"So you thought you might like to go to the show."
The first (and last) time I saw Pink Floyd in concert was when they were promoting The Division Bell, in 1994. The band comprised of David Gilmour (guitars), Nick Mason (drums), and Richard Wright (keyboards) (and a whole bunch of supporting musicians), but Roger Waters, one of the lead architects of the band, had left years before. When I heard that Waters would be playing at the Shoreline Amphitheatre in Mountain View, CA, a couple of days before it happened, I couldn't wait to "complete the circle". As usual I thought I'd go over to the venue and deal with scalpers, but I checked at the ticket window and to my surprise was able to get surprisingly good seats in the centre section in the reserved seating area.
"To feel the warm thrill of confusion, that space cadet glow."
It was an amazing show that raised goose bumps (though that partly had to do with the coolness of the evening), thanks to Waters' defining vocals and lyrics. Waters and his band opened with In the Flesh, and went on to play a most excellent set consisting of The Happiest Days of Our Lives, Another Brick in the Wall (Part 2), Mother The Final Cut, Dogs, Pigs on the Wing (Part 1), Set The Controls For The Heart Of The Sun (a welcome delight), Shine on You Crazy Diamond, Wish You Were Here, Breathe, Time, Money, Brain Damage, Eclipse, Welcome to the Machine, and Comfortably Numb.
The sound was incredible! Waters fully utilised the capability of the many speakers and often the effects were such that it seemed as though the sound was travelling around one's head. The visuals themselves weren't the greatest (and I'm being kind). There was a screen (which looked like a bed sheet) upon which images were constantly projected, some of which were slowly animated. This was most effective when scenes from The Wall were shown and were most mundane with the oil-in-water type of effect.
Even though I'm very familiar with Pink Floyd, I'm not very familiar with Waters' solo material. Having heard some of it live, I have to say that it sounds a lot like Pink Floyd (of course) and I definitely must check it out.
Tell me is something eluding you, Sunshine? Is this not what you expected to see?"
One of the most interesting things was that Waters worked as much as any of the other musicians. He played bass and guitar throughout the show, besides doing the vocal duties. The band, consisting of two lead guitarists, one rhythm guitarist, one keyboardist and one drummer, were competent. The keyboard work by Jon Carin was particularly good. The guitar work wasn't as emotive as Gilmour's (how could it be?), but there were high points (particularly in the solo to Comfortably Numb, where the guitarists played off of each other which worked brilliantly). Gilmour's playing isn't necessarily technically hard, but it is so expressive that it is difficult to reproduce.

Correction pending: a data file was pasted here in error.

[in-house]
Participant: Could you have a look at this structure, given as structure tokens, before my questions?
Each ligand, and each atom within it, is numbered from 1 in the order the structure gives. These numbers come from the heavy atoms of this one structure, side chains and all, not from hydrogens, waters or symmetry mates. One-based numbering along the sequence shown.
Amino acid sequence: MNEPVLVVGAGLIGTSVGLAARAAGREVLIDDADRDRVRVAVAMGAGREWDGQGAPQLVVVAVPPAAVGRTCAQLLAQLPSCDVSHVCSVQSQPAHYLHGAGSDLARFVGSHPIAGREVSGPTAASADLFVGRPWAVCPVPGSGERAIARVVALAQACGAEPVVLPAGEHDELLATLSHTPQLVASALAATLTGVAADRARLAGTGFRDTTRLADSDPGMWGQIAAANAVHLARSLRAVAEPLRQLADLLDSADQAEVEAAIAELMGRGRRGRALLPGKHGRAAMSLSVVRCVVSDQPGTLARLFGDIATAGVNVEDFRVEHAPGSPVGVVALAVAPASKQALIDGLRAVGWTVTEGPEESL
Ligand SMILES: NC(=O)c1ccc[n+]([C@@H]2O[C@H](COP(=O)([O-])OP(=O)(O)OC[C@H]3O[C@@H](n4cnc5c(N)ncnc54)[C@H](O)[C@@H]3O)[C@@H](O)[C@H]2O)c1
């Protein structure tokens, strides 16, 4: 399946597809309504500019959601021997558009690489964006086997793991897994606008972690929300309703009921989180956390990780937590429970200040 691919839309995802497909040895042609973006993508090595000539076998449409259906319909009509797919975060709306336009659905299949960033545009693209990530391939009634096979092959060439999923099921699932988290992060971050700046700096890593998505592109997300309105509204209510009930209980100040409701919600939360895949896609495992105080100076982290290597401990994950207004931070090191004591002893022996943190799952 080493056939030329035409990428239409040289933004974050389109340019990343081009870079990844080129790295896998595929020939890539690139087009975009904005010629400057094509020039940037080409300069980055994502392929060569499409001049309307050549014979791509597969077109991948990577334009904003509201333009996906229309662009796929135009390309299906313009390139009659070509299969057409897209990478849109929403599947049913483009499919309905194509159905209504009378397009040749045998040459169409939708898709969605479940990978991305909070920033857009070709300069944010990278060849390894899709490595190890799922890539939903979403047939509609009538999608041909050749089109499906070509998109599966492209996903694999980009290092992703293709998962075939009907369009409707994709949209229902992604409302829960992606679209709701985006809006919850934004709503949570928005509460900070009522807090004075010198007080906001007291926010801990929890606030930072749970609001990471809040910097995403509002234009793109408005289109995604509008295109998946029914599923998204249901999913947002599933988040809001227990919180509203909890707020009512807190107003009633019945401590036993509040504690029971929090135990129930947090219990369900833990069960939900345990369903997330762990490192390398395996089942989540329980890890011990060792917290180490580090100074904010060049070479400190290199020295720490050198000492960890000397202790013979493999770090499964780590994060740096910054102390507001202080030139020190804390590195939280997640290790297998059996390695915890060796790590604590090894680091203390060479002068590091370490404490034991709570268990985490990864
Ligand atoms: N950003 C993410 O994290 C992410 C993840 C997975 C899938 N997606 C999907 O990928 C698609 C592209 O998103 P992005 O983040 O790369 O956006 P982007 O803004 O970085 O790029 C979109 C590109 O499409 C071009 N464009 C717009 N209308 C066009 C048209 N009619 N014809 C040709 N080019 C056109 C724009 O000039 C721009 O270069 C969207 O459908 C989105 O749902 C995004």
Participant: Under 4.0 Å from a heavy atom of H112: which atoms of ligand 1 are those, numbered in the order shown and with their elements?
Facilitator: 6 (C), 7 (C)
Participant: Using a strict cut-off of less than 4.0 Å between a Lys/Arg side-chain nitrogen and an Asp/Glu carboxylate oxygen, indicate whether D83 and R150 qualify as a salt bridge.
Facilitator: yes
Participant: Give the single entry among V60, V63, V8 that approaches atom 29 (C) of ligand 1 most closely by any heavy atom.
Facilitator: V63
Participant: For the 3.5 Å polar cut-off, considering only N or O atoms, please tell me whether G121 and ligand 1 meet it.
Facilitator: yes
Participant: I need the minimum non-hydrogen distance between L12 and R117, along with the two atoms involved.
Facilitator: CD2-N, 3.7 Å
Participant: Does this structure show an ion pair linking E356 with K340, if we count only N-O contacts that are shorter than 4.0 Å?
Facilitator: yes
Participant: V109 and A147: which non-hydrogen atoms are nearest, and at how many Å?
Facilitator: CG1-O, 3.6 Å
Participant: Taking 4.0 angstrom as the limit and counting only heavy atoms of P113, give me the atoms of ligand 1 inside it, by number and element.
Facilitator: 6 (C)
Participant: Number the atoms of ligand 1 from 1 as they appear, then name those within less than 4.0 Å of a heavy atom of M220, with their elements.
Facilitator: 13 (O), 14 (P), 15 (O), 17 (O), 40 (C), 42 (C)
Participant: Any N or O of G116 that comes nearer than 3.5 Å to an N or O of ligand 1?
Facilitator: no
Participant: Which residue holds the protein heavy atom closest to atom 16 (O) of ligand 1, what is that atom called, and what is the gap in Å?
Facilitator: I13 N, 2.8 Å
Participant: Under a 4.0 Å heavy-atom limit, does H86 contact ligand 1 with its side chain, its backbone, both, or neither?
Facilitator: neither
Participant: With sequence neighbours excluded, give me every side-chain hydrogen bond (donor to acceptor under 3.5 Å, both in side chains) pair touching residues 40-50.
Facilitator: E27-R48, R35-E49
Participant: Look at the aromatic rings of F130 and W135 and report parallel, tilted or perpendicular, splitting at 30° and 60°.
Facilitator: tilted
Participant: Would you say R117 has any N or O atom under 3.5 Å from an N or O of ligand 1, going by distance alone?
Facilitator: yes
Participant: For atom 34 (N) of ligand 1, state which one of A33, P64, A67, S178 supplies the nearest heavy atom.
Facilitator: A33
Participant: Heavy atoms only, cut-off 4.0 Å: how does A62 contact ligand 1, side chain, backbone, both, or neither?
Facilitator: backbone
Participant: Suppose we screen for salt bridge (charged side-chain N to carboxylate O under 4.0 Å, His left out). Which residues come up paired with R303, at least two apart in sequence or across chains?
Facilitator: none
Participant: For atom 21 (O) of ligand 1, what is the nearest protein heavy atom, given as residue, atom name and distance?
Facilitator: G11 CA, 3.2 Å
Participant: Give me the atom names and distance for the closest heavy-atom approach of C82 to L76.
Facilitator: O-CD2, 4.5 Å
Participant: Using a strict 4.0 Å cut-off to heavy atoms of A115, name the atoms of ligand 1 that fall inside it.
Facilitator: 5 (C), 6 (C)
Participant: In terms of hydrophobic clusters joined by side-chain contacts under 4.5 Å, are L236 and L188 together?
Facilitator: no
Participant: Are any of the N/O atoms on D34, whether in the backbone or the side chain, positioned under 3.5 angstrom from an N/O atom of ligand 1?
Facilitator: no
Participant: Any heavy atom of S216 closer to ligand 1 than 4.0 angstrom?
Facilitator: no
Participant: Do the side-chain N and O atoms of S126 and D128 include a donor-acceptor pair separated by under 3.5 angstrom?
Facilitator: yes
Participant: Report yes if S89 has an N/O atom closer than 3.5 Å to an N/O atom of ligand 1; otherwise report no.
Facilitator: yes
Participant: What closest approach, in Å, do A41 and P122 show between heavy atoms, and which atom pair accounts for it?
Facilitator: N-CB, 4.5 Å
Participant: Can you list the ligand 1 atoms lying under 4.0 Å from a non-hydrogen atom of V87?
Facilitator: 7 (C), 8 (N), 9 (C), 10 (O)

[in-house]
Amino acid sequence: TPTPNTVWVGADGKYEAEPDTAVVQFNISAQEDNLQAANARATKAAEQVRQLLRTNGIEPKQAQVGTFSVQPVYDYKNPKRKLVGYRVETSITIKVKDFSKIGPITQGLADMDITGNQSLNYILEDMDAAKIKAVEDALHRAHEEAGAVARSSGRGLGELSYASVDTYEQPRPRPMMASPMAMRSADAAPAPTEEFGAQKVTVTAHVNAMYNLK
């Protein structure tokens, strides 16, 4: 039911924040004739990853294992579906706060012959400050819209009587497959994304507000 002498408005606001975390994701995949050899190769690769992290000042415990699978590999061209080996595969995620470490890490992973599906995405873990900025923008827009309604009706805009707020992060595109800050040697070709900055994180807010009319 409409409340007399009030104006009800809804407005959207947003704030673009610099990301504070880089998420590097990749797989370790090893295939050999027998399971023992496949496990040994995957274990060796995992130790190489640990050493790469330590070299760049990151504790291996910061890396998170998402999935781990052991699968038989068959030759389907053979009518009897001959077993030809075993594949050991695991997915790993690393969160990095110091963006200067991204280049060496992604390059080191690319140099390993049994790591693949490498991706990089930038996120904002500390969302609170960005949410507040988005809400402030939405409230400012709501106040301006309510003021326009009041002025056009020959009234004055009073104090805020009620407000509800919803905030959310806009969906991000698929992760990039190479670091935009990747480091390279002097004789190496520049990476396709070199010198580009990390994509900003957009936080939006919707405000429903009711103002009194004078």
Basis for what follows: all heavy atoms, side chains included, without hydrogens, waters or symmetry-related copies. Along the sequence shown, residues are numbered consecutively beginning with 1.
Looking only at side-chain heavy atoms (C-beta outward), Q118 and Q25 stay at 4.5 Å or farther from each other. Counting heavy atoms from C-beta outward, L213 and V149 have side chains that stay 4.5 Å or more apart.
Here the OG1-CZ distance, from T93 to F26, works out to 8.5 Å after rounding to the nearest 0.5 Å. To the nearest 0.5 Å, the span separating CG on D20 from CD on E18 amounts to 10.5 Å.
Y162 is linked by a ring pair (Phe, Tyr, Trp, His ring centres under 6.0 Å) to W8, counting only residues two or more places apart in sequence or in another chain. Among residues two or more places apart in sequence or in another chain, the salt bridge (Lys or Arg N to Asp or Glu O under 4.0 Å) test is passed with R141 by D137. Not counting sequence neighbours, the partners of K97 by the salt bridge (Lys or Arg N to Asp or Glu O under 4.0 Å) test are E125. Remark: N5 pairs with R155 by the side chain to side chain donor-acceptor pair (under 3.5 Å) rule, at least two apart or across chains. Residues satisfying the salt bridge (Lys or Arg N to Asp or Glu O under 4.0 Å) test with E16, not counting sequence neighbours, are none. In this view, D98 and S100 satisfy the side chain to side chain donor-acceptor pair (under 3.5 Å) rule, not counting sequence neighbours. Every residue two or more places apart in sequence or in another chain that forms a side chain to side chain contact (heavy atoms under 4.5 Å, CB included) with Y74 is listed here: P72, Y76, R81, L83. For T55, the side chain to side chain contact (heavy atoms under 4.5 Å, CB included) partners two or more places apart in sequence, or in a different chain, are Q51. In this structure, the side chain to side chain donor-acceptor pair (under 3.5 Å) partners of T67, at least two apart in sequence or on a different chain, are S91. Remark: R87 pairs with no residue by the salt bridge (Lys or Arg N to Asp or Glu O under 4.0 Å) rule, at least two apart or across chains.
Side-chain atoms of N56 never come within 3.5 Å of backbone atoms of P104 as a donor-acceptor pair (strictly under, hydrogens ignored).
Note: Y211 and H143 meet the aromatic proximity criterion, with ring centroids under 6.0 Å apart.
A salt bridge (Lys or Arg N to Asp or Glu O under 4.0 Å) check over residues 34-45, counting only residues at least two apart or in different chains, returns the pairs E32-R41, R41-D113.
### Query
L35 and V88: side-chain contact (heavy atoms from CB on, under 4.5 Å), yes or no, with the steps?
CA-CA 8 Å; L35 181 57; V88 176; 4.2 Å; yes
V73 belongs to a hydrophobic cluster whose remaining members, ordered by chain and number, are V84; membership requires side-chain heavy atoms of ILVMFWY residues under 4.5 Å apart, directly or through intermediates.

The backup singers were terrific! They improved on the existing tunes and were better than the ones that performed with Pink Floyd in concert. There was a lot of jamming going on, and at times, I felt as though I was in a serious rock show compared to what one would expect from listening to the cerebral music put out by Pink Floyd. This illustrates the nature of the music by the band: even though a lot of it is mellow, and dare I say, spacy, parts of it are very aggressive and intense, on par with the heaviest of music.
"If you want to find out what's behind these cold eyes, you'll just have to claw your way through this disguise.
There has been a lot of talk about the rift between Waters and the other members of Pink Floyd. While I was up to now willing to give the members of the band the benefit of the doubt (the court case he brought about against the band didn't help), I do have a new view of Waters. Waters' show was received extremely warmly and enthusiastically by the crowd, and he's not the depressing git I thought he'd be. In fact, the performance was quite optimistic and hopefully, almost preachy at times. Waters is a powerful and moving writer of both lyrics and music, even when he is not in his prime. (The same also applies to Gilmour, particularly with regards to his guitar work.) The last song (the one encore) they played was a new song, Each Small Candle, about a Serbian soldier helping an Albanian woman. This was clearly not Waters at his peak musically, but the lyrics were poignant. What he needs to do is work on that song with Gilmour since the guitar work definitely doesn't do the song justice.
Waters mentioned during the show that he was bemoaning the fact that Pink Floyd had lost its connection with the audience (apparently he has mentioned this at almost every show). That was certainly true when I saw them at the RFK Stadium. They put on a spectacle, but Gilmour barely cracked a smile. I personally feel such a "connection" is over-rated. The bigger the spectacle, the better, and it pleased me to no end to see a show where the music and the light show were bigger than the band itself. That wasn't the case with Waters--he constantly made contact with the audience, and he definitely basked in its applause and mentioned at the end that there indeed was a connection (also said at all shows).
The reason I say all this is because it is strange to me that Waters, the conceptual mastermind of the band, would be the one to embrace a route that favoured audience connection (as much as that can happen in a large venue like the Shoreline) compared to Gilmour and Co.
While I've not seen Pink Floyd in one of its original incarnations (I think few people can lay claim to having seen them with Syd Barrett, one of the founding members), I am very pleased that I've seen the two major facets and in a way, that's an added plus: I get to see two of the driving forces of the band perform the tunes live in somewhat novel ways.